Preparing for an IPO During a Market Slowdown (Part 1 of 2)
The IPO market today is quiet, a steep fall off from 2021’s record year. While many companies filed S-1s in 2021 and 2022 and remain waiting in the wings, others have put IPO plans on pause. In Part 1 of this two-part series, we explore the lessons learned from the 2021 IPO rush, the steps you can take to prepare, as well as the downsides associated with a delay. Stay tuned for Part 2 where we discuss other potential challenges you may face as you prepare for an IPO during a market slowdown.
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Among the lessons learned from the 2021 IPO rush has been the importance and extent of the preparation needed for private companies to seamlessly hit the ground running on Day 1 as publicly traded companies. Tell-tale signs of inadequate preparation were apparent in many cases through the 2021 IPO rush, with symptoms in the form of missed financial reporting deadlines, restated financial statements, newly uncovered material weaknesses in internal control over financial reporting, unanticipated costs and missed earnings forecasts, recognizable inability to execute on promised growth strategies, and ultimately investor loss of confidence and disappointing stock price performance in the secondary market. Some missed their opportunity altogether because they weren’t ready while market conditions were favorable.
As private equity firms are weighing exit options and liquidity paths for their portfolio companies, the current market slowdown can be used as an opportunity to conduct an IPO Readiness assessment and execute on the necessary steps to get ready and stay ready for when the IPO opportunity is right or pursue a dual track for alternative deal opportunities.
The Time to Prepare is Now
Performing an IPO readiness assessment enables organizations to establish a baseline of a company’s current state and prioritize its development and transformation needs to become IPO-ready, which could take as long as 18 to 24 months to execute. Effective change management during this transformation period is key, which can be enabled through diligent project management. Building the right teams and processes and putting in place the right technology are defining elements to establishing a company’s infrastructure to support its growth strategies, including the opportunities opened by being a public company. But trying to build this critical foundation after becoming a newly public company, while trying to keep up with the pace of regulatory reporting requirements, investor scrutiny, and general precision and speed of reaction expected of a public company, can easily become overwhelming to an organization. Also, many private equity firms look to recruit leadership with experience running a public company, who can help transition the organizational culture, norms, and processes to those of a public company. Finding and building an effective team is often a time-consuming process.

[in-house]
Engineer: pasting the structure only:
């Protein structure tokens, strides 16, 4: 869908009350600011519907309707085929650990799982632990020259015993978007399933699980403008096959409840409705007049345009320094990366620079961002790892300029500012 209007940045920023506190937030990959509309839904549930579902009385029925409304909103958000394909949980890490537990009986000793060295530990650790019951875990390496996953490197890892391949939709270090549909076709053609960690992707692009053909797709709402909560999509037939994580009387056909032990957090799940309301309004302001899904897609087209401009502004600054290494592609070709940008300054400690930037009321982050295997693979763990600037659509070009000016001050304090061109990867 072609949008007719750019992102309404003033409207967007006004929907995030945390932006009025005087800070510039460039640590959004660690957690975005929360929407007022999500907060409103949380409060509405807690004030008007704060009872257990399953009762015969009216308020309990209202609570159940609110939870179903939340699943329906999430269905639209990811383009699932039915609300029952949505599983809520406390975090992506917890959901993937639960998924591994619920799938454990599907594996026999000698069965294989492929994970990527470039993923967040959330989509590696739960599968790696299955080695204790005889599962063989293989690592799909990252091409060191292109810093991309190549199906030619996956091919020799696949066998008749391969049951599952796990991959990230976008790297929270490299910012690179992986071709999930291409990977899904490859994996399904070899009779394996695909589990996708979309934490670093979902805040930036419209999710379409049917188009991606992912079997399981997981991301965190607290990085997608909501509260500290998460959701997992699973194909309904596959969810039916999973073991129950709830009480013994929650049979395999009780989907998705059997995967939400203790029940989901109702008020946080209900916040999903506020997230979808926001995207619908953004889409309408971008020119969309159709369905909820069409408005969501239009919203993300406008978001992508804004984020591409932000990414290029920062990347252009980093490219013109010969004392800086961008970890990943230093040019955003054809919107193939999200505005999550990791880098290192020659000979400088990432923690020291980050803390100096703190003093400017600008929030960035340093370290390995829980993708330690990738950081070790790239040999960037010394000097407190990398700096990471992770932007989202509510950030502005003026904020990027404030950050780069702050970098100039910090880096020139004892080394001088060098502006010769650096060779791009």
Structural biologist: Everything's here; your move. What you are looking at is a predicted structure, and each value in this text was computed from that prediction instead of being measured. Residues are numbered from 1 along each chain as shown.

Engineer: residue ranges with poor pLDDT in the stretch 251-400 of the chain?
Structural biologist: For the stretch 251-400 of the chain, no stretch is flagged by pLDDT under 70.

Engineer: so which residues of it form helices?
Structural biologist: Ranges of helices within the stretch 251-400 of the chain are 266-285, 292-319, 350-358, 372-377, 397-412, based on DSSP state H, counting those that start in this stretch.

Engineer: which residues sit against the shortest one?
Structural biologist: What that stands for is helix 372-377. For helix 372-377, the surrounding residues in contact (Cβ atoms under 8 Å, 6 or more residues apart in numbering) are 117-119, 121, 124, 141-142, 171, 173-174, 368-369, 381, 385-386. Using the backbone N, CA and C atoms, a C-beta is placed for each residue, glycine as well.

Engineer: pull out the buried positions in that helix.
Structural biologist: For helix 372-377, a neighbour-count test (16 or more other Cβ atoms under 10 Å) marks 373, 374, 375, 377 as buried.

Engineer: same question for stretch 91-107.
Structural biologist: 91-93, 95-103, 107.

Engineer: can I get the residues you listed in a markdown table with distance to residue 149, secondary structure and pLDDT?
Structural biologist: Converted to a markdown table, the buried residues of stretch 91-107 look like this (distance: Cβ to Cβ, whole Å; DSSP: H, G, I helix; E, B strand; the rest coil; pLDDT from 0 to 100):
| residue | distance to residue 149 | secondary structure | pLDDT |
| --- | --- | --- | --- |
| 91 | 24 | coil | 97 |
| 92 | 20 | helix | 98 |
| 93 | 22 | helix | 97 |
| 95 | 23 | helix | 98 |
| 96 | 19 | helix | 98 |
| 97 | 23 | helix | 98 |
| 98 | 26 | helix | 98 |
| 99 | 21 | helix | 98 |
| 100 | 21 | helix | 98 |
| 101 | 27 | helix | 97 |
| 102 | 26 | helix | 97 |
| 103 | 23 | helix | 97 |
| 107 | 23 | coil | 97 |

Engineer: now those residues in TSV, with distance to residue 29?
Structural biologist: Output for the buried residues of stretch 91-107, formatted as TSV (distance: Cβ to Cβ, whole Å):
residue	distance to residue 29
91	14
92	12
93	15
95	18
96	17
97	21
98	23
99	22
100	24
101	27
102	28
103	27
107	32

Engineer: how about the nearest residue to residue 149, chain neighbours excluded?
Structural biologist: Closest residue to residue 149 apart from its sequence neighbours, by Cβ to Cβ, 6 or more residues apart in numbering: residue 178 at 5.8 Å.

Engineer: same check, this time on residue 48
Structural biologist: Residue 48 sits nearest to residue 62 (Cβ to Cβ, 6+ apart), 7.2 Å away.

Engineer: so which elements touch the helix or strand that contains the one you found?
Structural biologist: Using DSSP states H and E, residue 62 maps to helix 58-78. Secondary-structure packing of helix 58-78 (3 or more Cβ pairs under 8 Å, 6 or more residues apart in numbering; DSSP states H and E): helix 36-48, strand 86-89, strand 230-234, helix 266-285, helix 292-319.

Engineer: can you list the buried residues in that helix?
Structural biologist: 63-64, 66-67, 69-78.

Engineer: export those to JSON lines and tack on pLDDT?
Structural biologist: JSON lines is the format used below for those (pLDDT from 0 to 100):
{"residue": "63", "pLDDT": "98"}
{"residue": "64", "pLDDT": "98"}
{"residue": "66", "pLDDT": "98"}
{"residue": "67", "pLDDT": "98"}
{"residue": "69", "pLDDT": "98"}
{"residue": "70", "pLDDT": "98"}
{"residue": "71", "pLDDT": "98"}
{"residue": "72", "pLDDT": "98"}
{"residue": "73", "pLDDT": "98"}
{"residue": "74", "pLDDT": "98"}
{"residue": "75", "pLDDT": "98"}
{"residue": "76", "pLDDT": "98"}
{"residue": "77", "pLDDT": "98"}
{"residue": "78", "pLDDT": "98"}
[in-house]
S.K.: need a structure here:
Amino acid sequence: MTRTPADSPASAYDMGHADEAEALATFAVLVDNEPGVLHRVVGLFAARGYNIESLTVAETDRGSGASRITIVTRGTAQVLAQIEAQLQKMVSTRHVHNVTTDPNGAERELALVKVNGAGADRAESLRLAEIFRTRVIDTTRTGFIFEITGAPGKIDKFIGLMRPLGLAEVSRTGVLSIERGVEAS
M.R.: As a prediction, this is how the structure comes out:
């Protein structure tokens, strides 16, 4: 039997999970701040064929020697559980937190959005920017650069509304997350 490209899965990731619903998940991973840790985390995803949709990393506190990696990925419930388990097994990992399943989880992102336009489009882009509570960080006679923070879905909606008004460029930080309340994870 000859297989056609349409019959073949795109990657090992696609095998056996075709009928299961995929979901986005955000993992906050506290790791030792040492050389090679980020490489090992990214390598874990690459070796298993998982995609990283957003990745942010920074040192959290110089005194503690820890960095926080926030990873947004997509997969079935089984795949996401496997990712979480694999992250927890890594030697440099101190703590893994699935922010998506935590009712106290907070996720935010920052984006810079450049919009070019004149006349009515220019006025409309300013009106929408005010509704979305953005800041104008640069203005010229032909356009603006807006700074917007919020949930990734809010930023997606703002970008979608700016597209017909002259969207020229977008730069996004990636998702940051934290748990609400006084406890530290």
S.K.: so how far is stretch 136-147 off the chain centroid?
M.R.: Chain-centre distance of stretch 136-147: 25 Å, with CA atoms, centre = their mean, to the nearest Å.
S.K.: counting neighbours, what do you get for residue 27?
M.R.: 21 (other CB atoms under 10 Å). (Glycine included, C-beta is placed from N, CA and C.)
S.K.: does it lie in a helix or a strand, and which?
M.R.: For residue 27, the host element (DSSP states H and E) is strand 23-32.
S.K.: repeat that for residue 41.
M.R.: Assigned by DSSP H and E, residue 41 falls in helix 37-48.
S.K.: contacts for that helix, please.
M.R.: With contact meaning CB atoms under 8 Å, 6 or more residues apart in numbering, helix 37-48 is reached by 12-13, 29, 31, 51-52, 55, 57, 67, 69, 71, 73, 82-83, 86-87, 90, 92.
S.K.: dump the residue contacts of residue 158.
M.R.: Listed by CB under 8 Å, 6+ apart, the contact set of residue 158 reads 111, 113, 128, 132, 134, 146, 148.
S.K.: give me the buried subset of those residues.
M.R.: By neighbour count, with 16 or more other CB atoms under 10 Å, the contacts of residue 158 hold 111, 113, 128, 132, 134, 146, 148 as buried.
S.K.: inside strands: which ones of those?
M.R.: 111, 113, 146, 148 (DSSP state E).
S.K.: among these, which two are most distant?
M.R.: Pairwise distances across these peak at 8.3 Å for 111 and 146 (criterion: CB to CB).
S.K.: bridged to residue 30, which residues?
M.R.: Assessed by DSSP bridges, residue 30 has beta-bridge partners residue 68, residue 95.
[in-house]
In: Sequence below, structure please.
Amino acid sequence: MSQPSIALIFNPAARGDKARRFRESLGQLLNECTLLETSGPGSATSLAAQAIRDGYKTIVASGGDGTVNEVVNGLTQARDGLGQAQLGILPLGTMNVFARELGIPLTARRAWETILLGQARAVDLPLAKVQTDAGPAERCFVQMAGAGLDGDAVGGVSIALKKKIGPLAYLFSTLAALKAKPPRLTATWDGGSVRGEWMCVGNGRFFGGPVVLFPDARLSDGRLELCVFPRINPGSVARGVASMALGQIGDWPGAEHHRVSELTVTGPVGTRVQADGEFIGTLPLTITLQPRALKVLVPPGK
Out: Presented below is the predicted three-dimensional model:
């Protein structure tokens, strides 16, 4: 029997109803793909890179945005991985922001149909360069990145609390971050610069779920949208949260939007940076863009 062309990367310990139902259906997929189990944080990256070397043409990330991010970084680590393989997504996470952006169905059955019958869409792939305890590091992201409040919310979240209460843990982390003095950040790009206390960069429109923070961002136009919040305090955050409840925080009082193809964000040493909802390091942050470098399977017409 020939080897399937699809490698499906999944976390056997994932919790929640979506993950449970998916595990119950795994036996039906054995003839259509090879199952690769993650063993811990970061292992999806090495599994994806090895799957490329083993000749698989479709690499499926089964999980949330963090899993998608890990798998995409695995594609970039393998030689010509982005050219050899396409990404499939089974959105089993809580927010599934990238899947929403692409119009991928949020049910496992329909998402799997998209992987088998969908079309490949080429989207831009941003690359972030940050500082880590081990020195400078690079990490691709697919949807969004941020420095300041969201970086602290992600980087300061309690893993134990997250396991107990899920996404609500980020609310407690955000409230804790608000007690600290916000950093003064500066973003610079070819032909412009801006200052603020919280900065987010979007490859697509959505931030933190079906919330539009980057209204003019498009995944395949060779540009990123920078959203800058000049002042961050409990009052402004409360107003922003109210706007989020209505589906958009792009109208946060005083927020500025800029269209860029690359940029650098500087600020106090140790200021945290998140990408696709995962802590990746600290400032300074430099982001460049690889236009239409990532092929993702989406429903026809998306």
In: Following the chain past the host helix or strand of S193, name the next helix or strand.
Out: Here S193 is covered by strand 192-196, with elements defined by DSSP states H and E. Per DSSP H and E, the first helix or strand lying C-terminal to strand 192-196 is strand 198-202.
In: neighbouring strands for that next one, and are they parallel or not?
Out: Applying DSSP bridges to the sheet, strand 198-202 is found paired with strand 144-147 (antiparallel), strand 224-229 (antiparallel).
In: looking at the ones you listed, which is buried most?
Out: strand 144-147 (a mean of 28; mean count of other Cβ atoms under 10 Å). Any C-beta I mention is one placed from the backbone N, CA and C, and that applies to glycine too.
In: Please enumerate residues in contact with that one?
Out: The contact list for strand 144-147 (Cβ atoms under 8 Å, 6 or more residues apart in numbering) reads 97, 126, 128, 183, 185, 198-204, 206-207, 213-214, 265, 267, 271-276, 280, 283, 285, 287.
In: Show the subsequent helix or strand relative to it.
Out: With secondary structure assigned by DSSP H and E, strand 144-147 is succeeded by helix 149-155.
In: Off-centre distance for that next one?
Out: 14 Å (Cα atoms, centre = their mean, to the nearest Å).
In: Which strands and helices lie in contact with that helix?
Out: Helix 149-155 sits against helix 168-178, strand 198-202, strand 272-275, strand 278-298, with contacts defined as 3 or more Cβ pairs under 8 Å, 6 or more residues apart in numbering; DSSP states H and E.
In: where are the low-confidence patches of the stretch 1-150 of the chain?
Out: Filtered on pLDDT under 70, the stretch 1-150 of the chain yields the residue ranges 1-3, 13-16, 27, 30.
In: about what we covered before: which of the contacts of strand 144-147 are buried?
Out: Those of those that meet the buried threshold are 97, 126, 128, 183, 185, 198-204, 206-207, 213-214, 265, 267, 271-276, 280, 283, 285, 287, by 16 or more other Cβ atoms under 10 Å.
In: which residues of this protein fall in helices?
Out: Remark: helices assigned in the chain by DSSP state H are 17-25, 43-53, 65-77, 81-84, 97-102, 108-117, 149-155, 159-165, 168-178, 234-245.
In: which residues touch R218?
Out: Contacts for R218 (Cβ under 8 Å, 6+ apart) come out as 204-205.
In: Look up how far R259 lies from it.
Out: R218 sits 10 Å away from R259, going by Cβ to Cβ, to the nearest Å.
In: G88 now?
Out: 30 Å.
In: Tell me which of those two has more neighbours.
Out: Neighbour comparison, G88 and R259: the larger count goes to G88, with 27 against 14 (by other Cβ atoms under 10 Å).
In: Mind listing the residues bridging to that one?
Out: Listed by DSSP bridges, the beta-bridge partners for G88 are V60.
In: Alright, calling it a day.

There’s No Such Thing as a Perfect IPO Window
The ideal IPO window is different for every company and industry. Although the timing of an IPO can impact valuation, long-term IPO performance is not correlated, as demonstrated in Figure 1.
All of this is to say: the best time for an organization to IPO is subjective, dictated by what investors believe about the long-term performance of the company, as reflected in company valuations.
The Downsides of Delay
With a rushed IPO, mistakes along the way will likely damage market confidence. Similarly, if a company drags out the readiness process, it could miss the opportunity to attain the best possible valuation. Starting the process sooner rather than later allows for speed when it is necessary without sacrificing quality.
Conclusion and Next Steps
Among the key elements of a successful IPO is taking the time to prepare and being ready for life as a public company. A market downturn is an excellent opportunity to perform a readiness assessment and build the muscle to operate like a public company. By preparing now, private equity firms can ensure their portfolio companies are ready to IPO when the market turns around and create the conditions for a successful exit.
Businesses considering an IPO are encouraged to take the following steps to stay ahead of any future challenges:
- Begin by assessing your readiness, review your internal financial statements and future budgets and forecasts.
- Ensure teams are effectively managed and updated technology is in place.
- Review the regulatory and reporting requirements public companies are subject to and conduct an internal review of current compliance.
- Determine your filer status.
- Begin crafting your registration statement.
Stay tuned for Part 2 of this series and contact Ryan & Wetmore for more information.
Today’s Thought Leaders
About Peter Ryan
Partner, Co-founder, & CPA
Peter T. Ryan co-founded Ryan & Wetmore in 1988 with business partner Michael J. Wetmore. Peter provides clients with the best strategies for success. His expertise extends across various industries. Peter obtained a Master of Business Administration in Finance from the University of Baltimore and a Bachelor of Arts in Accounting from the Catholic University of America.
About Rosie Cheng
Rosie Cheng is a Finance Consultant at Ryan & Wetmore. She focuses on government contracting services and produces many of the firm’s government contracting newsletters. Rosie graduated from Georgetown University with a Master of Science in Management and from William and Mary with a Bachelor of Business Administration.